Portrait of a man (named Ah-fit-che, better known as Pedro Jose Quivera), the governor of San Felipe pueblo, sitting on a blanket, demonstrating the use of a pump-drill, a tool used to drill holes in flat turquoise and shell beads. According to James Stevenson's original note for this photograph (prepared circa 1885), 'the point of the drill is a small flake of flint fastened in a slit in the lower end of the shaft which is tightly wrapped either with a string or sinew. When the stone point becomes dull it is sharpened by flaking the tip in the same manner that flint arrow points are made. The wheel is made sometimes of stone, wood, or bone, the former being preferable. The piece of turquois[e] to be drilled is placed in a suitable cavity in a block of wood and held there by the thumb of the left hand while the drill is manipulated by the right, as shown in the picture. Turquois[e] and shell bead drilling is extensively practised by the Indians of the Rio Grande valley.'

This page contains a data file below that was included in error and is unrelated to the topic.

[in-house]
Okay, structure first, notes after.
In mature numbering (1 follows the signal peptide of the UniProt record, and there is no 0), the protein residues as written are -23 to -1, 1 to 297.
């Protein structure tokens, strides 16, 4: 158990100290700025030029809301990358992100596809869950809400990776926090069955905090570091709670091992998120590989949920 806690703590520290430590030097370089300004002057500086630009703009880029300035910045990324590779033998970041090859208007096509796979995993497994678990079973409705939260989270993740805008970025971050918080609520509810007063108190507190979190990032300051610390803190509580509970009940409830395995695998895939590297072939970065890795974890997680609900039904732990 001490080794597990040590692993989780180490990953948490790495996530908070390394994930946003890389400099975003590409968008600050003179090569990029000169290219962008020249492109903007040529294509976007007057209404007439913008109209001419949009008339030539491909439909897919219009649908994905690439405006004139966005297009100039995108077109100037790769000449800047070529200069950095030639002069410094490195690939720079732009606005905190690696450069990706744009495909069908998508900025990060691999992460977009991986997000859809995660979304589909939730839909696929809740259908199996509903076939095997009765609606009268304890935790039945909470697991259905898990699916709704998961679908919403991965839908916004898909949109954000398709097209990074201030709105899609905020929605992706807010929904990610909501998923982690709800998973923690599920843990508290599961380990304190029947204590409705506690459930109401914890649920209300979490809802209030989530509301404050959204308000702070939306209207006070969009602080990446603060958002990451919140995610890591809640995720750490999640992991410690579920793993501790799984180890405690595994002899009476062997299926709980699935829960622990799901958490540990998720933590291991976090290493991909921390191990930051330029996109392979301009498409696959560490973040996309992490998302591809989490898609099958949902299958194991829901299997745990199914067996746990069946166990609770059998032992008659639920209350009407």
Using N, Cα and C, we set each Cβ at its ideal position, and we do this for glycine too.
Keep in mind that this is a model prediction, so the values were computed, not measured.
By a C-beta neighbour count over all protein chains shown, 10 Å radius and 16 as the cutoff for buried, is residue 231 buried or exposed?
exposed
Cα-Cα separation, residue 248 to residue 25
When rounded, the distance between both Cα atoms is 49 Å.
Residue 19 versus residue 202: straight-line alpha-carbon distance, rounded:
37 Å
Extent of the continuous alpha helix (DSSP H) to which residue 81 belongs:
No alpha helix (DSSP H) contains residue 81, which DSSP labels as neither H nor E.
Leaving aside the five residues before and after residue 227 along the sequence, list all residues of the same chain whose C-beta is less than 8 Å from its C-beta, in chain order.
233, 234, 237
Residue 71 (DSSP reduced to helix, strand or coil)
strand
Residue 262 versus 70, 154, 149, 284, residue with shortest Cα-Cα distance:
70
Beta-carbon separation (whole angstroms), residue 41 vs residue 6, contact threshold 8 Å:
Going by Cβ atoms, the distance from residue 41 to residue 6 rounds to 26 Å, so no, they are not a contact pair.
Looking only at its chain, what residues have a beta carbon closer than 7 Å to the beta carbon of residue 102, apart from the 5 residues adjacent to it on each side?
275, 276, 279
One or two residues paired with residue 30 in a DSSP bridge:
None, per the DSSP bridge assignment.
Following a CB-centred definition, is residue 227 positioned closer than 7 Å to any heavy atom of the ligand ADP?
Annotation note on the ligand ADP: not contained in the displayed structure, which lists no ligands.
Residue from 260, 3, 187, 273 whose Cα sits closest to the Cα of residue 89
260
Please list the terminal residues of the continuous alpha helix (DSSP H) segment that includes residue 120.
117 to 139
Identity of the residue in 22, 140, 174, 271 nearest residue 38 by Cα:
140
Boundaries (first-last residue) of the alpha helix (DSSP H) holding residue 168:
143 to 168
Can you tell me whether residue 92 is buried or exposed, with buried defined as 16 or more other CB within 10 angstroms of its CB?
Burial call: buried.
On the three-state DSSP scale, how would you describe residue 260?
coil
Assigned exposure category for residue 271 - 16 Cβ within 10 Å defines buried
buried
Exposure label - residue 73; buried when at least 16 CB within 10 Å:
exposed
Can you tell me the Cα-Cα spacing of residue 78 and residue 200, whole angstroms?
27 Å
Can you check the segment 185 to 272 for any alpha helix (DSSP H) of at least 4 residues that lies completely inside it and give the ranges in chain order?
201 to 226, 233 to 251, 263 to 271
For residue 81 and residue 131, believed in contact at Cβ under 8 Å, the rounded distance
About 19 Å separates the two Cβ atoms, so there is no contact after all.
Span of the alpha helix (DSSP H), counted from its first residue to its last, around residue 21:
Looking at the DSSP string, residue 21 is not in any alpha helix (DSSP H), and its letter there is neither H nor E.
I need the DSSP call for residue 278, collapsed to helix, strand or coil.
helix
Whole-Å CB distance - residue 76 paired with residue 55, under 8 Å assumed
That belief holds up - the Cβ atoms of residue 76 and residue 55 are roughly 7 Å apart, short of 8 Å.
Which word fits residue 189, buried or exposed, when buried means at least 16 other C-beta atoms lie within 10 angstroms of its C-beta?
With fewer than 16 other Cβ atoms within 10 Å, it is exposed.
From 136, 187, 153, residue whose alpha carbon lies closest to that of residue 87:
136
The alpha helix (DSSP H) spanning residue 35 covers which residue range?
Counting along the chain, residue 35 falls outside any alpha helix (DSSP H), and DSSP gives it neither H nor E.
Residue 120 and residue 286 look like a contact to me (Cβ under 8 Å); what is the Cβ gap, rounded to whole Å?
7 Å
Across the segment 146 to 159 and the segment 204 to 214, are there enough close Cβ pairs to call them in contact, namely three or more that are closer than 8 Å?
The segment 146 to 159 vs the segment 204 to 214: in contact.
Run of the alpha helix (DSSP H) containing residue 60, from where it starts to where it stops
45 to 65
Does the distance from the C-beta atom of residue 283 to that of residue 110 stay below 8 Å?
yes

Due to the nature of these images, prints will reproduce any signs of age, wear or damage that occurred before they were archived by the Pitt Rivers Museum.